United States District Court, M.D. Georgia, Macon Division
REPORT AND RECOMMENDATION
STEPHEN HYLES UNITED STATES MAGISTRATE JUDGE.
pending before the Court is Respondent's motion to
dismiss Petitioner's application for habeas relief as
untimely (ECF No. 7). For the reasons stated below, the Court
recommends that Respondent's motion be granted and
Petitioner's application for a writ of habeas corpus
under 28 U.S.C. § 2254 be dismissed as untimely.
August 10, 2011, a Monroe County, Georgia grand jury indicted
Petitioner for one count of armed robbery and one count of
robbery by intimidation. Resp't's Ex. 5, at 1, ECF
No. 9-5; Pet'r's Exs. 1, ECF No. 12. On March 26,
2012, Petitioner pled guilty to the armed robbery, and the
robbery by intimidation charge was nolle prossed. Pet. 1, ECF
No. 1; Resp't's Ex. 1, at 1-2, ECF No. 9-1. The
Superior Court of Monroe County sentenced Petitioner to
twenty years, with fifteen years to serve and five years
probation. Pet. 1; Resp't's Ex. 1, at 1. Petitioner
did not appeal.
September 10, 2013, Petitioner filed a state application for
writ of habeas corpus in the Superior Court of Richmond
County, Georgia. Resp't's Ex. 2, at 1-7, ECF No. 9-2.
On February 11, 2014, Petitioner filed a brief in support of
his state habeas application, and he amended his application
on December 19, 2014. Resp't's Ex. 3, at 13, ECF No.
9-3; Resp't's Ex. 4, at 4, ECF No. 9-4. After his
application was transferred, the Superior Court of Lowndes
County, Georgia denied the application on October 12, 2017.
Resp't's Ex. 5, at 1-17, ECF No. 9-5. On April 16,
2018 the Supreme Court of Georgia denied Petitioner's
application for a certificate of probable cause to appeal the
denial of his state habeas application. Resp't's Ex.
6, at 1, ECF No. 9-6.
March 27, 2019, Petitioner filed his federal application for
a writ of habeas corpus under 28 U.S.C. §
2254. Pet. 15. He raises three grounds in his
application: (1) his indictment was invalid because it lacked
facts to support its issuance, (2) his indictment was invalid
because it lacked a certificate of authenticity indicating it
was filed in open court, and (3) his trial counsel was
ineffective because counsel failed to investigate the
validity of Petitioner's arrest warrant, failed to secure
him bond, and coerced him into pleading guilty. Pet. 5-8, 10.
On July 17, 2019, Petitioner amended his application by
alleging new facts in support. Am. Pet. 1-3, ECF No. 5.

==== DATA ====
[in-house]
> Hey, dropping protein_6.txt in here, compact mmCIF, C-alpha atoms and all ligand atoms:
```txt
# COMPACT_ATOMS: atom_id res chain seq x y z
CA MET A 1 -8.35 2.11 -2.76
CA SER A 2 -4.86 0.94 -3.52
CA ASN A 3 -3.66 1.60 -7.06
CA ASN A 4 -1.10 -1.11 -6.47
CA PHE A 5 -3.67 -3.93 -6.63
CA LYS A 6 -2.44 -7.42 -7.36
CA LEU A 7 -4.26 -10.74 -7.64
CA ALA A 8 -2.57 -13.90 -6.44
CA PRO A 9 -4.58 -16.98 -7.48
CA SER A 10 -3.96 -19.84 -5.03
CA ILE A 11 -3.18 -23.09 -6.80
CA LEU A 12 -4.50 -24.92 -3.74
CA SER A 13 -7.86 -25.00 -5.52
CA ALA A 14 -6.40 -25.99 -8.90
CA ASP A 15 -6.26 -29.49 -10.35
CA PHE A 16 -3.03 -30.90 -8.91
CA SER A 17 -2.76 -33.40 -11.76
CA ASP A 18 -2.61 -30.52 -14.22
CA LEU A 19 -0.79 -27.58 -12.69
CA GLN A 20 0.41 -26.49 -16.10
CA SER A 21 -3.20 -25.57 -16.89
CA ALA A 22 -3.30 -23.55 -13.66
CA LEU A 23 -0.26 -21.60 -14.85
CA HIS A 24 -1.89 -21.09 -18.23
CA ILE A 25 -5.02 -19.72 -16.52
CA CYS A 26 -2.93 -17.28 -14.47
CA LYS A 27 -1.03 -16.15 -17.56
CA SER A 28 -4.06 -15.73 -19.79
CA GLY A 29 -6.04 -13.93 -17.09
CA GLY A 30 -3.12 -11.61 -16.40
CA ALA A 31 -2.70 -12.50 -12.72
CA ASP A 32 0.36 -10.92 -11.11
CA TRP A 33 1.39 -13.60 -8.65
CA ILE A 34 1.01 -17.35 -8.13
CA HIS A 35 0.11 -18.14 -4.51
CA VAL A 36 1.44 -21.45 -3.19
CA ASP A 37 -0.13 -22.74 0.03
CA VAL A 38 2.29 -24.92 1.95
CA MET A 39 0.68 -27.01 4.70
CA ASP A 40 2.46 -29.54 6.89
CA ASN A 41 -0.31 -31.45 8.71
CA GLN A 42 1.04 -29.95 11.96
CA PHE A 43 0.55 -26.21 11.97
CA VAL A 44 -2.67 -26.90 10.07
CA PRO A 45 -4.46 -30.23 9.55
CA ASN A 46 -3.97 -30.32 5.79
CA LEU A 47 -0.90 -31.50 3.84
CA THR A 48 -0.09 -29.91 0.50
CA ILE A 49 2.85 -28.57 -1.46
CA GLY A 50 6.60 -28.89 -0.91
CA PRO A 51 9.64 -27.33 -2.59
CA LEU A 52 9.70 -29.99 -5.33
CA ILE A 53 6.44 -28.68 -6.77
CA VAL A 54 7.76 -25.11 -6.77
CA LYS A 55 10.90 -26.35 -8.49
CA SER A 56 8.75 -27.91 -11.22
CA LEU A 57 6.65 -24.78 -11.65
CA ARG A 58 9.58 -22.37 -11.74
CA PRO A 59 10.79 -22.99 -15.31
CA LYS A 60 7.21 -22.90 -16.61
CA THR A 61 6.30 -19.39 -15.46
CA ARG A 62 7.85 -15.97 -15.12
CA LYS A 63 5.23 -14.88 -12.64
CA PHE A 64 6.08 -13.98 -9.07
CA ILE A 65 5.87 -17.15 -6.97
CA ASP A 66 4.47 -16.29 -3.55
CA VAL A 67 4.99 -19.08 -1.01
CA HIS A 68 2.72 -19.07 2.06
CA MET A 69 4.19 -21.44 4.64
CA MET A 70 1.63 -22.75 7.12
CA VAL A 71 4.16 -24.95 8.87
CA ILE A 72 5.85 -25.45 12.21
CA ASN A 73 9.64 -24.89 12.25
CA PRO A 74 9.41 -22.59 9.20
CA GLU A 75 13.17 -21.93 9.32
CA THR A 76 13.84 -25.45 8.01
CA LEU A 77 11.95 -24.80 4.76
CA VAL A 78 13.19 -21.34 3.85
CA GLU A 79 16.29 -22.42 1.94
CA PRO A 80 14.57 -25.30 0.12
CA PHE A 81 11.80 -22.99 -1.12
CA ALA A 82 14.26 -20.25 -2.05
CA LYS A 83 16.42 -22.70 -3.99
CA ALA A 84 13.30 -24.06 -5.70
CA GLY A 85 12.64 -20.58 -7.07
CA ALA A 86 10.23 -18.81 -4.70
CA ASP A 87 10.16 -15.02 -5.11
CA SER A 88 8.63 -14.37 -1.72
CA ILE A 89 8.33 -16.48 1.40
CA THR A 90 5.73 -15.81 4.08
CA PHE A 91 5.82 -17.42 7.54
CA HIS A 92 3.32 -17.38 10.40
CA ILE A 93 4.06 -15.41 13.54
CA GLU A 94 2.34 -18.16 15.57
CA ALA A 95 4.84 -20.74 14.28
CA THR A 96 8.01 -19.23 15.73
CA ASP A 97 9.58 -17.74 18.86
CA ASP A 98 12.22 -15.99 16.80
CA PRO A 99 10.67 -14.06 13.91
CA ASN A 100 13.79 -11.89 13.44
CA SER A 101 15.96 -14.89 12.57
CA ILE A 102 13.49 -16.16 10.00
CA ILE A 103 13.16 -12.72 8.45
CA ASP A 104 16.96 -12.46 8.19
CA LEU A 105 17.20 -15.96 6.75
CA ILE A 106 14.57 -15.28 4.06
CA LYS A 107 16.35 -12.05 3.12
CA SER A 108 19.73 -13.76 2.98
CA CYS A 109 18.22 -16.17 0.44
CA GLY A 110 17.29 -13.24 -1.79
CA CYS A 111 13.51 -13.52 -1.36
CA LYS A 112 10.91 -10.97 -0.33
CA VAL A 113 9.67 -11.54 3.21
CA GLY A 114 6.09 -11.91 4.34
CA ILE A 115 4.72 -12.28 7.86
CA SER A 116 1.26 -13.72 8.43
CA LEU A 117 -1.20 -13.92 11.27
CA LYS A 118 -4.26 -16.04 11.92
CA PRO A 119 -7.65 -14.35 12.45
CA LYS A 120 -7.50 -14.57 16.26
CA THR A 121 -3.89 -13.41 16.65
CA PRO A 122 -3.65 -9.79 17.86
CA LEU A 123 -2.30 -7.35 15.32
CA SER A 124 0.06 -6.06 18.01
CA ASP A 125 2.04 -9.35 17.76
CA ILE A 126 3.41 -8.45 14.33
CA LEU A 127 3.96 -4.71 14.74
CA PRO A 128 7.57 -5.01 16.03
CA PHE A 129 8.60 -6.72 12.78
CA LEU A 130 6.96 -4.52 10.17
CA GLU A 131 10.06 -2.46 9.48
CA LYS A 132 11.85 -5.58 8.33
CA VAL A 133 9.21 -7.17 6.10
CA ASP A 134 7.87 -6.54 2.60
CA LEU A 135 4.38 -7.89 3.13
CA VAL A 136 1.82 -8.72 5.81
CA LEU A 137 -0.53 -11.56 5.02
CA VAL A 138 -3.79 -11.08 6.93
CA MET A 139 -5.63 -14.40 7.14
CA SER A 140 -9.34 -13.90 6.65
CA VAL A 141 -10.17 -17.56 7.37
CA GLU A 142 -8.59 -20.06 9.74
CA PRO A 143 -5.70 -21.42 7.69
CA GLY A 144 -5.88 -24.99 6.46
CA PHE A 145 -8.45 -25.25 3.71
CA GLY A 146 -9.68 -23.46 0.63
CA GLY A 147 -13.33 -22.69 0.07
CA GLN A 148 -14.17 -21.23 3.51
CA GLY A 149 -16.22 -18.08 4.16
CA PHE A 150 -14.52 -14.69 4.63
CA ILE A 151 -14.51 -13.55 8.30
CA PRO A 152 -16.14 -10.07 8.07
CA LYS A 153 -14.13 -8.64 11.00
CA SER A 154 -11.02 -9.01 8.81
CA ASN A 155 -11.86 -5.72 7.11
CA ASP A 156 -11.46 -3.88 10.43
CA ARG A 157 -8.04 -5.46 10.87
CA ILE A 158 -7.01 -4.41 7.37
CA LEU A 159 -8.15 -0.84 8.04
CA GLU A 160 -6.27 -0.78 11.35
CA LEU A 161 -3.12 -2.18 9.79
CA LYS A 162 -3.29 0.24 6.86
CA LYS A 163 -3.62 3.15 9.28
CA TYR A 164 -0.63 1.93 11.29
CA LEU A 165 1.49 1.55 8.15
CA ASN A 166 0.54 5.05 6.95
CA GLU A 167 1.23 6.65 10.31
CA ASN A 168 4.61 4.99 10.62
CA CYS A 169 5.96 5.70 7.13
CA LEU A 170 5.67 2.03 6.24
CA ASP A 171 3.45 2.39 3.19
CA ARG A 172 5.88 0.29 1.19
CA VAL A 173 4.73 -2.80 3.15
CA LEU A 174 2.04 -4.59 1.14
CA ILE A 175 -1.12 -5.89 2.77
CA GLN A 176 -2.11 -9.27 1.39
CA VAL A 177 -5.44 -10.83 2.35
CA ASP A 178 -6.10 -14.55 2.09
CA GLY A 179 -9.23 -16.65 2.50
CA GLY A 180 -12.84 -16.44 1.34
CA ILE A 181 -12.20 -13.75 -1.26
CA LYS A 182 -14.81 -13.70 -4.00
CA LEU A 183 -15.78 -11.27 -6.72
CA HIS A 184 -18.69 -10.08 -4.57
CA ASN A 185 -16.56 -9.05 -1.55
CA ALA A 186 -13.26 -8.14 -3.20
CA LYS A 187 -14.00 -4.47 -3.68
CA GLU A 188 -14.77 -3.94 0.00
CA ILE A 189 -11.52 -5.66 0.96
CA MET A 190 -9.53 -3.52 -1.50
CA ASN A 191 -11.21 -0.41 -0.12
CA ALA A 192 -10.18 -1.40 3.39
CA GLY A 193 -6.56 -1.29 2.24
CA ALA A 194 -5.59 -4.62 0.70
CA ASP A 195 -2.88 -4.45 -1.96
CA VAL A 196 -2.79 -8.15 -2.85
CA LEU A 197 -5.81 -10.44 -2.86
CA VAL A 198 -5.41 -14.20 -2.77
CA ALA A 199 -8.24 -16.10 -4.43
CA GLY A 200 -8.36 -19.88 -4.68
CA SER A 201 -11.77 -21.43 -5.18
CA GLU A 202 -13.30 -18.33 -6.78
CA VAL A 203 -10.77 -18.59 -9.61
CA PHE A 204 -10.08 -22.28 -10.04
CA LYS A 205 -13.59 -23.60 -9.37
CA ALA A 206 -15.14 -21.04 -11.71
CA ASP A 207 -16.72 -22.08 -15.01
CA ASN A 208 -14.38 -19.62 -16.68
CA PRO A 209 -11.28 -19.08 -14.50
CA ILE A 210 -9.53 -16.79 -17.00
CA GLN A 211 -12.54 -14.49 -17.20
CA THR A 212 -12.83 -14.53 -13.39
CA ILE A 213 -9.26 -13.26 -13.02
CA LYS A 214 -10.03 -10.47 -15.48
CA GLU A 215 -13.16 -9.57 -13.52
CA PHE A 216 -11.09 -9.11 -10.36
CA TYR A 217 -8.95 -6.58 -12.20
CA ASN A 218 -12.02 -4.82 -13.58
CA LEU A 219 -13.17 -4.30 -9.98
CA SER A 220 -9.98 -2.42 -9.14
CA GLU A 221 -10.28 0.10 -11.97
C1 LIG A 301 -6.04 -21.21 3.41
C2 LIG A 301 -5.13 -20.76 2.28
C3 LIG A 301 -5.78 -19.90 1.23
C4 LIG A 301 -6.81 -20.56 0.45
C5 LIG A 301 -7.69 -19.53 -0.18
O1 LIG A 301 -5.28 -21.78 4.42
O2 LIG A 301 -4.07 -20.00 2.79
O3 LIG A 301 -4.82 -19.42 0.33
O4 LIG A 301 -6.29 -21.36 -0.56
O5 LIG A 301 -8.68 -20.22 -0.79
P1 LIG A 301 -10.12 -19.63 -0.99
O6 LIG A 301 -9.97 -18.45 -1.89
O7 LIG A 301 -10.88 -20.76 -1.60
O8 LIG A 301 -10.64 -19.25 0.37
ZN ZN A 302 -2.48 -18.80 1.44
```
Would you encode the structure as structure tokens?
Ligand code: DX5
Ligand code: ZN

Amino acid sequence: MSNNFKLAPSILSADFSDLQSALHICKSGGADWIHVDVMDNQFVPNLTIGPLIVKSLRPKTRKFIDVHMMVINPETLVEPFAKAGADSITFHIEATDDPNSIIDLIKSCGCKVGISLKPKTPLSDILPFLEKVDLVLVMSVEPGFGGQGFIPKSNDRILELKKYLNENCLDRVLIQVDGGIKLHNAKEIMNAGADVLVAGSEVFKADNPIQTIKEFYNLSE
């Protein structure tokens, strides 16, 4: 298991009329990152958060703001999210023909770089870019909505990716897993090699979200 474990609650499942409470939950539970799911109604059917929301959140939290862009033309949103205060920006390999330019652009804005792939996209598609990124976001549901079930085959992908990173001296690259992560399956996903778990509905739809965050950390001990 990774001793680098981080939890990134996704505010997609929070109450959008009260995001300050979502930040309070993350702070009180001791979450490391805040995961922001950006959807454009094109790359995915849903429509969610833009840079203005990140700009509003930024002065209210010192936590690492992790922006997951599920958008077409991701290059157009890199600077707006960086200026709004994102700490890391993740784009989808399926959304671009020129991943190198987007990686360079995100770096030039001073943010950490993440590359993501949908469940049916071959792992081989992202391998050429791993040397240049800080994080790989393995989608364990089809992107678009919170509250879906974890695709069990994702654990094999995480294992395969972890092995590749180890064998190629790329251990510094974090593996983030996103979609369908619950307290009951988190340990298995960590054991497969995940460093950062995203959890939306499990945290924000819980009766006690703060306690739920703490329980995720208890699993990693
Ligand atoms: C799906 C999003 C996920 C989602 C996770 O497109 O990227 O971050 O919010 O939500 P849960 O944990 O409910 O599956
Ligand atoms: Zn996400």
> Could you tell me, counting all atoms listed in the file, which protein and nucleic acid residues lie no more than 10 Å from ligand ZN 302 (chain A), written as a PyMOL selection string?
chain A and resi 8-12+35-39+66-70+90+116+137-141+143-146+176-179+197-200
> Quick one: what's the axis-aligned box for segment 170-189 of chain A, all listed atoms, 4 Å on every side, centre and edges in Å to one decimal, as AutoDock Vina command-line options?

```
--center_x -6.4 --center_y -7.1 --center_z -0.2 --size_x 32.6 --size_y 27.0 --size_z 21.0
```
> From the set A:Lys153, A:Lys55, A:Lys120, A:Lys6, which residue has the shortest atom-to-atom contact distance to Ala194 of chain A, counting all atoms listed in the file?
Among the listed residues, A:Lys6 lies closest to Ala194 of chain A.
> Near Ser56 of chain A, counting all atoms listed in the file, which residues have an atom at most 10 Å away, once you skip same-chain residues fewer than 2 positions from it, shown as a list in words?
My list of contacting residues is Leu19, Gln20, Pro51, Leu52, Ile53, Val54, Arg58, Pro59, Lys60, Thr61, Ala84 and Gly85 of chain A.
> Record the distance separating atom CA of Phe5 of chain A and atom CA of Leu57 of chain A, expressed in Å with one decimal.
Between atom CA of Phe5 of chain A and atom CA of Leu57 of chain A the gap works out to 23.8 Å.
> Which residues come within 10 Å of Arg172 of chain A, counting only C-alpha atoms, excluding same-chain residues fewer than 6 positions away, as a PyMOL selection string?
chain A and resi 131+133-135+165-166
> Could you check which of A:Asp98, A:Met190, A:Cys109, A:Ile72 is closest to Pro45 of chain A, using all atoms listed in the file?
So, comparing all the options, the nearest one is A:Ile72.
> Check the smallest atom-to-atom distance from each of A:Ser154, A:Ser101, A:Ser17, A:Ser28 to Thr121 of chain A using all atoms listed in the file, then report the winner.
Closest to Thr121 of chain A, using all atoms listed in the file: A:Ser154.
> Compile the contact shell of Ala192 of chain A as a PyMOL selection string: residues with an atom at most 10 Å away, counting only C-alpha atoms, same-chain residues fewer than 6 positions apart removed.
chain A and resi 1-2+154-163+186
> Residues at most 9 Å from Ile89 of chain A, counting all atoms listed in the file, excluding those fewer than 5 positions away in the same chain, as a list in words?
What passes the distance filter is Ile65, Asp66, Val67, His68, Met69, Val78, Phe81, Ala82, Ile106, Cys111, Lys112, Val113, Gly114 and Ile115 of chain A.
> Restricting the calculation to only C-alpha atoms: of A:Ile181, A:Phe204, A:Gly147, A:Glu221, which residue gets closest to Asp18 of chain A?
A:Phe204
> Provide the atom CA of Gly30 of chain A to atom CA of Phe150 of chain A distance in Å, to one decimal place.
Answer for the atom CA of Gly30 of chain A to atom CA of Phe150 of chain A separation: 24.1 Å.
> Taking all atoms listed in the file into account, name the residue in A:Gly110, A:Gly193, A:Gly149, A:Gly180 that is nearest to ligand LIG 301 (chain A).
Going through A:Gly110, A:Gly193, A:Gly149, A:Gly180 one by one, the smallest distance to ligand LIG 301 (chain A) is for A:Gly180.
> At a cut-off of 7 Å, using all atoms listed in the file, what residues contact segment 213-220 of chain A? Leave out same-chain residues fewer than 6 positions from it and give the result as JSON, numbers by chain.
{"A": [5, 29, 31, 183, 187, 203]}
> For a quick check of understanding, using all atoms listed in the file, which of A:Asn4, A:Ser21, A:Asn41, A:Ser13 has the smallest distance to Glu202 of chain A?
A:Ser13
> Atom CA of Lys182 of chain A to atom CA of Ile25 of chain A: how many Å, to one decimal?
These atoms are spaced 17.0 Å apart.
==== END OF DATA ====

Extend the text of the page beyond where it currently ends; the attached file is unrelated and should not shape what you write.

Respondent answered (ECF No. 6) and filed this motion to
dismiss (ECF No. 7) on August 30, 2019. Petitioner responded
(ECF No.11) on September 16, 2019. This motion is ripe for
moves to dismiss Petitioner's application for habeas
relief because it was filed outside the applicable
limitations period. Mem. in Supp. of Mot. to Dismiss 2-6, ECF
No. 7-1. The Court agrees Petitioner's application for
habeas relief is untimely and recommends that
Respondent's motion to dismiss be granted.
The Applicable Limitations Period
Anti-Terrorism and Effective Death Penalty Act (hereinafter
“AEDPA”) was enacted primarily to put an end to
the unacceptable delay in the review of prisoners' habeas
petitions. Hohn v. United States, 524 U.S. 236,
264-65 (1998) (“The purpose of the AEDPA is not
obscure. It was to eliminate the interminable delays in the
execution of state and federal criminal sentences, and the .
. . overloading of our federal criminal justice system,
produced by various aspects of this Court's habeas corpus
jurisdiction.”). The AEDPA, effective April 24, 1996,
therefore instituted a time bar as follows:
(1) A 1-year period of limitation shall apply to an
application for a writ of habeas corpus by a person in
custody pursuant to the judgment of a State court.
(2) The time during which a properly filed application for
State post-conviction or other collateral review with respect
to the pertinent judgment or claim is pending shall not be
counted toward any period of limitation under this
28 U.S.C. § 2244(d). The limitation period begins to run
on “the date on which the judgment became final by the
conclusion of direct review or the expiration of the time for
seeking such review.” 28 U.S.C. § 2244(d)(1)(A).
To determine whether a petition was timely filed, the court
“must determine (1) when the [collateral] motion was
filed and (2) when [the] judgment of conviction became
final.” McCloud v. Hooks, 560 F.3d 1223, 1227
(11th Cir. 2009) (internal quotation marks and citation
omitted) (alterations in original).